Las Vegas casino developer Steve Wynn is escalating his battle with Boston officials, filing a libel lawsuit this week against an unidentified casino foe and issuing a scathing critique of the treatment his company has received since it arrived in the Boston area with plans to build in Everett.
"No individual or company who presents themselves honestly in the Commonwealth of Massachusetts, by any measure of fair play, should be subjected to the defamatory political abuse that we have experienced, and it is our intention to finally deal with it," Wynn said in a statement to the Globe.
In a lawsuit filed Monday in Suffolk Superior Court, Wynn Resorts Ltd. says unknown defendants defamed the company by providing subpoenas to the media related to a City of Boston lawsuit against the Massachusetts Gaming Commission.
The suit alleges the city's subpoenas were intended not to collect information but to spread falsehoods contained within the documents to hurt Wynn, the company that holds a state license to build a $1.7 billion casino resort on vacant industrial land in Everett.
The falsehoods, according to the suit, included the allegation that Wynn employed two former state troopers who were given propriety information about a felon who owned property at the future casino site. Also false, Wynn contends, was the allegation that Wynn's representatives attended a meeting in early 2013 in which the felon's land interest was discussed.
Whoever leaked those "sham subpoenas" defamed the company and its president, Matthew Maddox, the lawsuit states.
"Although our commitment to Massachusetts is absolute and irrevocable, our tolerance for mean-spirited, libelous statements has exceeded any reasonable limit," Wynn said in his statement. "Someone knowingly disseminated sham subpoenas containing falsehoods — outright lies — designed to interfere with our license granted by the Gaming Commission and defame our reputation. We intend to identify the malicious individuals who did this and call them to account."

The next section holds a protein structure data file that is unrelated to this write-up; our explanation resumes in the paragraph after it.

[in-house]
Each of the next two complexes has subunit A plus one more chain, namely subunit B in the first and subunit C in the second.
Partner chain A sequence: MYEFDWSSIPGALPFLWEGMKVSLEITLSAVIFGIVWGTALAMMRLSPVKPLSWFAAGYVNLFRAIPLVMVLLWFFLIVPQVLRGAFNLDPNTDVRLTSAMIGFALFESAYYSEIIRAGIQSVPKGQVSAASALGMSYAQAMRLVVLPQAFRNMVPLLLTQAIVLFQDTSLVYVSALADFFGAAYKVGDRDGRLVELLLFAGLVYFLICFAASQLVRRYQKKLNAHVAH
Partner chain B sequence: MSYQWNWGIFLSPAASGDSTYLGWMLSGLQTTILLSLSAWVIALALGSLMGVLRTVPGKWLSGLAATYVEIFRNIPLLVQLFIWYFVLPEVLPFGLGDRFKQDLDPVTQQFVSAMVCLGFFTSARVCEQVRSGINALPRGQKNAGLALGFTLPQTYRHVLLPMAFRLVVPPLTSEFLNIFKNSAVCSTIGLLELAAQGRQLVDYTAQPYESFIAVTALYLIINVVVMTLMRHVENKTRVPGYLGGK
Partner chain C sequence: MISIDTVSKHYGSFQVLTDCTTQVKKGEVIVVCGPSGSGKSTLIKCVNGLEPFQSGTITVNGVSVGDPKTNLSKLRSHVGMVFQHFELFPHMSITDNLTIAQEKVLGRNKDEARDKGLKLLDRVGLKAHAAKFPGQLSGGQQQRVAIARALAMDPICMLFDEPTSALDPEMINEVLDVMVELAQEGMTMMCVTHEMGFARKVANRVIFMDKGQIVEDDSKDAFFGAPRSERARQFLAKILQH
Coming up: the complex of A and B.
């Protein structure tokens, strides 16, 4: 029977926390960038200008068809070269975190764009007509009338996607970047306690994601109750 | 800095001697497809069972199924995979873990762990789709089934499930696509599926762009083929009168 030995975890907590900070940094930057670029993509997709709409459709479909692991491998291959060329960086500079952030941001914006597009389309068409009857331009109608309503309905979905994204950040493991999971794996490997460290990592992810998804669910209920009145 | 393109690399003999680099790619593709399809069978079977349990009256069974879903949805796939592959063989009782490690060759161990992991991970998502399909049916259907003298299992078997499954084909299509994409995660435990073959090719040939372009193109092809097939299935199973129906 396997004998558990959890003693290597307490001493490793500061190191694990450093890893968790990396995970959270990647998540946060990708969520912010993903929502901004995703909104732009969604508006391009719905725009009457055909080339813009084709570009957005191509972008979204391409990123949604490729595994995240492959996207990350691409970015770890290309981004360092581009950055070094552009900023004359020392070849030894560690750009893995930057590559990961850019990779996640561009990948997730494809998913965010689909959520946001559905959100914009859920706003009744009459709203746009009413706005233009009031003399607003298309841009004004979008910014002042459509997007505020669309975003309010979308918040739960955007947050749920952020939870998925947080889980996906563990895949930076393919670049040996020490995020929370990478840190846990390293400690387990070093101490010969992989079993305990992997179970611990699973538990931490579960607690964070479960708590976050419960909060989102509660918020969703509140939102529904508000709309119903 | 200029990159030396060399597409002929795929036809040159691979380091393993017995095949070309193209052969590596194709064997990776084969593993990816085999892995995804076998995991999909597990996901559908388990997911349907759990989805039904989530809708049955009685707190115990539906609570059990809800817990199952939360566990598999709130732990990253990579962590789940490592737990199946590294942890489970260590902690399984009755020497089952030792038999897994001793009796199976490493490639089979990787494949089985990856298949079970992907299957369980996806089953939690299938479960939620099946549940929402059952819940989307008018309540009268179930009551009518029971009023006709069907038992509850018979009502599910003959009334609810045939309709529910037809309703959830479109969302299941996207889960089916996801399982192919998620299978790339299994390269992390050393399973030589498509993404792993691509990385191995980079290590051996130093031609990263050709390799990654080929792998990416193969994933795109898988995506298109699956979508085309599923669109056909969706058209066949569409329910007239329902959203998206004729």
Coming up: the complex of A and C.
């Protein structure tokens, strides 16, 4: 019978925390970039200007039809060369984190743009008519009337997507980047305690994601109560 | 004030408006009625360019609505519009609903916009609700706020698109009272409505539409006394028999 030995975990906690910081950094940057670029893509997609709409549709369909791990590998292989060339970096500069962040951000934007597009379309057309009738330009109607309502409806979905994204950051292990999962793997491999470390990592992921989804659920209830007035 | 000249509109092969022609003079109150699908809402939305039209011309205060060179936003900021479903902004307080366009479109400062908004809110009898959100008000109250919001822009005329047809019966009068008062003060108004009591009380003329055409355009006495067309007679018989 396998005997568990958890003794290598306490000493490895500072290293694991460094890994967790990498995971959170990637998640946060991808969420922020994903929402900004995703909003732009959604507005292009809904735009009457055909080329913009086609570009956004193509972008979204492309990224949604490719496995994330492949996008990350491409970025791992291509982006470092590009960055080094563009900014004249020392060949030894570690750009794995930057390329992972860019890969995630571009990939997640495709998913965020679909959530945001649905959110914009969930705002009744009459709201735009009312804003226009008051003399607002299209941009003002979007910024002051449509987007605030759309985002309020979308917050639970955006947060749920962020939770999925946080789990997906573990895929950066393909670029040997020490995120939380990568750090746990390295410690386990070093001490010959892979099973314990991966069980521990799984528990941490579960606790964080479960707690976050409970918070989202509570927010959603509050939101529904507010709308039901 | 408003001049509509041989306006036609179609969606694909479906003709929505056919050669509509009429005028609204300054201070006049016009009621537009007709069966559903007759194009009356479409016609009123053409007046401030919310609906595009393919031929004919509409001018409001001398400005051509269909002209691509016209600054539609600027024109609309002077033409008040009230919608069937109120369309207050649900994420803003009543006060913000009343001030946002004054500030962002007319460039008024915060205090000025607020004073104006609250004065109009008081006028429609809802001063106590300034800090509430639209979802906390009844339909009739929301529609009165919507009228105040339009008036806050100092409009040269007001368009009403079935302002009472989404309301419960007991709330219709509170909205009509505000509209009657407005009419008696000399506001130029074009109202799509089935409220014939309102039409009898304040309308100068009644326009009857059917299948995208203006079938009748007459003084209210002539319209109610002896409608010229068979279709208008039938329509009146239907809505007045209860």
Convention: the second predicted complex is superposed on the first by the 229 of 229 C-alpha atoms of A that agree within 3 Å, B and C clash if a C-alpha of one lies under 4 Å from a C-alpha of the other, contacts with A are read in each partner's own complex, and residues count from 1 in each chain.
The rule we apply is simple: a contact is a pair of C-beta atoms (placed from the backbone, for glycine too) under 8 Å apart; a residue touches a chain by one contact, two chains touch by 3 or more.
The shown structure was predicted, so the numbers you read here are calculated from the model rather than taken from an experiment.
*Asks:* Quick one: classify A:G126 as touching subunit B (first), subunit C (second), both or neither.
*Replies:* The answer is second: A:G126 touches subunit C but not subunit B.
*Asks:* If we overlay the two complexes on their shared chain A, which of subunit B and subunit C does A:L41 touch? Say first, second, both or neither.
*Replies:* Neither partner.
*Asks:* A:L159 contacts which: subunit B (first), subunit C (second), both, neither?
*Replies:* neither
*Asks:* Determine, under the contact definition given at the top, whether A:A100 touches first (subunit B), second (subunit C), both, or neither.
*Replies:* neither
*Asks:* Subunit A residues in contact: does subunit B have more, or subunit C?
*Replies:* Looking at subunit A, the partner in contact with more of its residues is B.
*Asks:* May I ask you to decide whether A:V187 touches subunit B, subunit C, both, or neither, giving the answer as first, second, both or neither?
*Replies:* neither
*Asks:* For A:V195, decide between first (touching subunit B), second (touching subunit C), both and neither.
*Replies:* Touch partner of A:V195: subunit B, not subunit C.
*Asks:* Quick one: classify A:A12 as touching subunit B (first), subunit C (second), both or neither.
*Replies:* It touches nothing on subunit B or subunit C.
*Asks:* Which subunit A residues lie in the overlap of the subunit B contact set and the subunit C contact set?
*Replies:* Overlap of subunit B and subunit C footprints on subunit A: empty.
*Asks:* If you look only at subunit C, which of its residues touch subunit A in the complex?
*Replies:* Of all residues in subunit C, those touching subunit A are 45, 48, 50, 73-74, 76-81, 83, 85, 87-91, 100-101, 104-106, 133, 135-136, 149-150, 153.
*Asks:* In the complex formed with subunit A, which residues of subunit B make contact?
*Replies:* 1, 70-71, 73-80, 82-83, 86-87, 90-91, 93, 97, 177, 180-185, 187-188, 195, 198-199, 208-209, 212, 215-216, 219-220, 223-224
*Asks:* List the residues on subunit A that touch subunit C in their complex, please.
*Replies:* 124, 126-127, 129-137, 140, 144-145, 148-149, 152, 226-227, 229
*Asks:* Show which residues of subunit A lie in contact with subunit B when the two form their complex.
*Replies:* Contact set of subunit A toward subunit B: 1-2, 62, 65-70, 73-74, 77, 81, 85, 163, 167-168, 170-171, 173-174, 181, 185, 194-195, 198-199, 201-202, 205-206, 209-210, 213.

A spokesperson for Mayor Martin J. Walsh said in a statement last evening, "We have not seen the lawsuit but the city did not provide these documents to the press."
Though neither the lawsuit nor Wynn's statement personally blames Walsh, Wynn in a July letter accused the mayor of attacking the casino company with false statements in the subpoenas and suggested he may sue. His July 6 letter to Walsh, sent through a lawyer, claimed that state law does not protect individuals from liability for defamation by providing falsehoods to the media through legal documents.
Material from the subpoenas was published by the Globe on June 29.
Boston lawyer Howard M. Cooper, who has experience in libel and First Amendment issues, said he had never seen a libel suit based on statements contained in a subpoena.
"It's clever," he said in a Globe interview, "but my immediate reaction is it's complicated by the litigation privilege, it's complicated by the right of parties to petition the court and use the legal process."
The lawsuit is a new salvo in the ongoing battle between the gambling magnate and the mayor.
Walsh has filed two lawsuits seeking to block Wynn's project, claiming it would hurt residents of nearby Charlestown. The mayor has insisted that Boston should be given greater authority over the development of the casino and that residents of Charlestown deserve to vote on the project. The state gambling commission, in its license process, rejected Walsh's claims. The commissioners chose the Wynn project over a competing proposal for Revere by Mohegan Sun.
Both the US Attorney's office and the judge in the case have rebuked the city's tactics in its lawsuit against the gambling commission.
The mayor sued the commission in January, accusing it of running a corrupt licensing process and of ignoring parts of the state's 2011 casino law — accusations the commission has denied.
The city filed another suit in September, asking a judge to overturn the key environmental approval given to the casino by the state.
In late June, the City of Boston issued more than a dozen subpoenas in its suit against the gambling commission.
"The real purpose of these 'subpoenas' was to transmit to the media and cause to be published in the media, false and defamatory statements about Wynn and Maddox," the lawsuit states. It says the unnamed defendants provided the subpoenas to the media "even before they were served on the persons named in the subpoenas."
Wynn filed the eight-page suit to "disprove the falsehoods, set the record straight, and recover damages," according to the document. The suit does not name a figure for damages.
John Ellement of the Globe staff contributed to this report. Mark Arsenault can be reached at firstname.lastname@example.org.